9Back in the '90s Japanese rpgs were one of the more popular genres in gaming, but since then they have mostly fallen from grace, with people transitioning to other kind of games or simply ignoring new releases. Some claim this is because of the genre's crisis, others think that it's simply a problem of budget, with many interesting titles being released on handheld and with poor graphics ending up overlooked by those who clamor for the glorious jrpgs of old.
Trails in the Sky is the perfect example of this trend: it will probably be ignored by most gamers for a variety of reasons (being released on Psp, a console almost dead in the USA, being a game with unimpressive graphics, its lack of marketing), but it actually has everything that made jrpgs a great and loved genre back in the days. Its climate reminded me of series such as Lunar, Grandia and Suikoden, its characters were funny and believable young heroes in the best tradition of heroic fantasy and the world they lived in is so wonderfully filled with backstories and dialogues you will never feel to be stranded in some cardboard kingdom made only as a backdrop for a small-scale adventure. Battles were really funny too, and the quartz system made me spend much time adapting the heroes' skills.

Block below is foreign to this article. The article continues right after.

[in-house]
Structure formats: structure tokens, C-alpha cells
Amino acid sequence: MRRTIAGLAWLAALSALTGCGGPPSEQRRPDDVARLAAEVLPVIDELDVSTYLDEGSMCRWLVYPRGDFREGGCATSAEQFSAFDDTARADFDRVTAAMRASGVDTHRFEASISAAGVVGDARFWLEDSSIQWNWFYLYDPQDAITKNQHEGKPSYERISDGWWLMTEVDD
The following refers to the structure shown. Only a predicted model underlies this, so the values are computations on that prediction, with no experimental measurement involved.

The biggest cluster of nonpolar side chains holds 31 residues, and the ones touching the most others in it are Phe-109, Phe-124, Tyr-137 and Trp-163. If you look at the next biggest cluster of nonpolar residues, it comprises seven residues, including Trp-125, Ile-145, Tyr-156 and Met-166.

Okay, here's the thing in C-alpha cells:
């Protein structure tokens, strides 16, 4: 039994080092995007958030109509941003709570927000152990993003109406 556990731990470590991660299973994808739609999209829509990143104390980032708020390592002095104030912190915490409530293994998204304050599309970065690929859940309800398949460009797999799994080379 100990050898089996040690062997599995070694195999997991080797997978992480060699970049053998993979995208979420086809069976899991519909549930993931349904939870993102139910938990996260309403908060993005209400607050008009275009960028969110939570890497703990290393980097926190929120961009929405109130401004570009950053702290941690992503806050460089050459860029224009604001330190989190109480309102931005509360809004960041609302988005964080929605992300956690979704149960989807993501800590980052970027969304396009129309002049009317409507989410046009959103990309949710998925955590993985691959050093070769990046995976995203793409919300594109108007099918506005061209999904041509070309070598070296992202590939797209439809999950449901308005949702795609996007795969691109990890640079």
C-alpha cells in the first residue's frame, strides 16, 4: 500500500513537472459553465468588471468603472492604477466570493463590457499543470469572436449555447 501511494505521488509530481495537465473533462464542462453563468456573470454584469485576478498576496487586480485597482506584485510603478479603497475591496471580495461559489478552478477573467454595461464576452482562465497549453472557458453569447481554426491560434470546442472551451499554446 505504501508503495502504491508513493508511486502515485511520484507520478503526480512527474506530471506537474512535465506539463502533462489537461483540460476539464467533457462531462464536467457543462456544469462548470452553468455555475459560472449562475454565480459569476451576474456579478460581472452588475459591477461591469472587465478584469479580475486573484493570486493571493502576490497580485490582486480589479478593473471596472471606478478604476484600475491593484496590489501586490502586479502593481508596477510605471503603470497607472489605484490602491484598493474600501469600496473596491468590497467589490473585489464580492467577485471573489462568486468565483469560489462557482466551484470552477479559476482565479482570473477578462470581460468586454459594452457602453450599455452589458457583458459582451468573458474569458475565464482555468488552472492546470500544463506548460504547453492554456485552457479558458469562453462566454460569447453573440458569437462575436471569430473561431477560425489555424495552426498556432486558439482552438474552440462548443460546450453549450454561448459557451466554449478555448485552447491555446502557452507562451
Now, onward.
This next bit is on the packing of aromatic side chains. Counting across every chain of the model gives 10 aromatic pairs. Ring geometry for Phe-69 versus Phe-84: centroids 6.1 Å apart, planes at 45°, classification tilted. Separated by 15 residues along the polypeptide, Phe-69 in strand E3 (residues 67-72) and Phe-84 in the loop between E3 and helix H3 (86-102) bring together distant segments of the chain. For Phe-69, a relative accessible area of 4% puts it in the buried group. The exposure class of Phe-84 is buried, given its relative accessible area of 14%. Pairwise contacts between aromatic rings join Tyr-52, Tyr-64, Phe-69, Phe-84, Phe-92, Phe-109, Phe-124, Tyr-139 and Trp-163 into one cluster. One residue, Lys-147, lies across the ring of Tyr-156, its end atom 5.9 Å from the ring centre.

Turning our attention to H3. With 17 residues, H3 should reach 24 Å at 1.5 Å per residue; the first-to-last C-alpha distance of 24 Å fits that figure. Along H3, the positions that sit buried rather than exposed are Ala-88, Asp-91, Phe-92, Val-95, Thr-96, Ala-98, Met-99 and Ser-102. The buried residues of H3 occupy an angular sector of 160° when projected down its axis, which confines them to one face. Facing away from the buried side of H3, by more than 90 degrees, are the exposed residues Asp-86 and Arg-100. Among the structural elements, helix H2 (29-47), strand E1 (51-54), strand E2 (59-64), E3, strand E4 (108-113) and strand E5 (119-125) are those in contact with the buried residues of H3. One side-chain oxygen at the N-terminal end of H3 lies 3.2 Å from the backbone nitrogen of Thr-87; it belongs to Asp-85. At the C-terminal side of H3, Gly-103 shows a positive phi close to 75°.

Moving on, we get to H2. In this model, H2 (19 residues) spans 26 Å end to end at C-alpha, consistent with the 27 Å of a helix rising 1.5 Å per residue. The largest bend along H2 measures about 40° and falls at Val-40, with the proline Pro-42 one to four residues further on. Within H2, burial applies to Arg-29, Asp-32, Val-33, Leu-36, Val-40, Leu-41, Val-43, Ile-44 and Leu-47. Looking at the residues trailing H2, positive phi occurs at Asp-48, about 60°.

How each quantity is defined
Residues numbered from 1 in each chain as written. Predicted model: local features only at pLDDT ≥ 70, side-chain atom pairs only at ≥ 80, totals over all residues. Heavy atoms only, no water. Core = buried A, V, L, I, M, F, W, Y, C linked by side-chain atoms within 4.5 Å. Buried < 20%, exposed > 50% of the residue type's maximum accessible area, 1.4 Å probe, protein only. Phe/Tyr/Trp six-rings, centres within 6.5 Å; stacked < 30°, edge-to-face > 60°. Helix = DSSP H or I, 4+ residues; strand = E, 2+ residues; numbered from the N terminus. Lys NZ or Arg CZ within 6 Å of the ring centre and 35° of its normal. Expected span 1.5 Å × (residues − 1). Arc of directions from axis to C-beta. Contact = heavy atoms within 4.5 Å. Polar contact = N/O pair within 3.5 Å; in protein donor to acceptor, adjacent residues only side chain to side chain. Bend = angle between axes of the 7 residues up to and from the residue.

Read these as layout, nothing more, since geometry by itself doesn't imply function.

I was a bit skeptical regarding Trails in the Sky's value since I knew Falcom mostly for action games like the Ys series or for its unsuccessful Gagharv games, but after some 48 hours when I saw the ending I was reminded of why I loved jrpgs and was converted to this series' fandom.… Expand
8This game requires lots of individual patience. The game has lots of dialogues which are actually important. Spamming and not reading dialogues could get you lost and buried, seriously. Even with heavy reading you might still find yourself running around looking for an NPC which are sometimes not mention and not listed in the map. However, despite getting lost sometimes and ignoring quests which involves looking for a particular NPC before you can initiate your quest , the game's story is top notch. The game-play or rather the battle system is yet another patience battle, the battle evolves characters to move in a systematic box movement which isn't the bad part but because when you deal any physical attacks on your enemies, they will flinch and get push backwards. This will sometimes cause enemies to move further back thus not able to reach them and have to end your turn. Many would say this isn't a flaw as you have to plan your movement, but you would want to plan your movement against petty foes like a monster rabbit every single time and every random battle? Patience is a requirement for this game, you have been warned. Again, putting the flaws aside, the battle system is unique and rather rewarding when you defeat a boss. This game is a great game to play when you have to time, this game isn't playable if you want rush through it. 8/10 for me.… Expand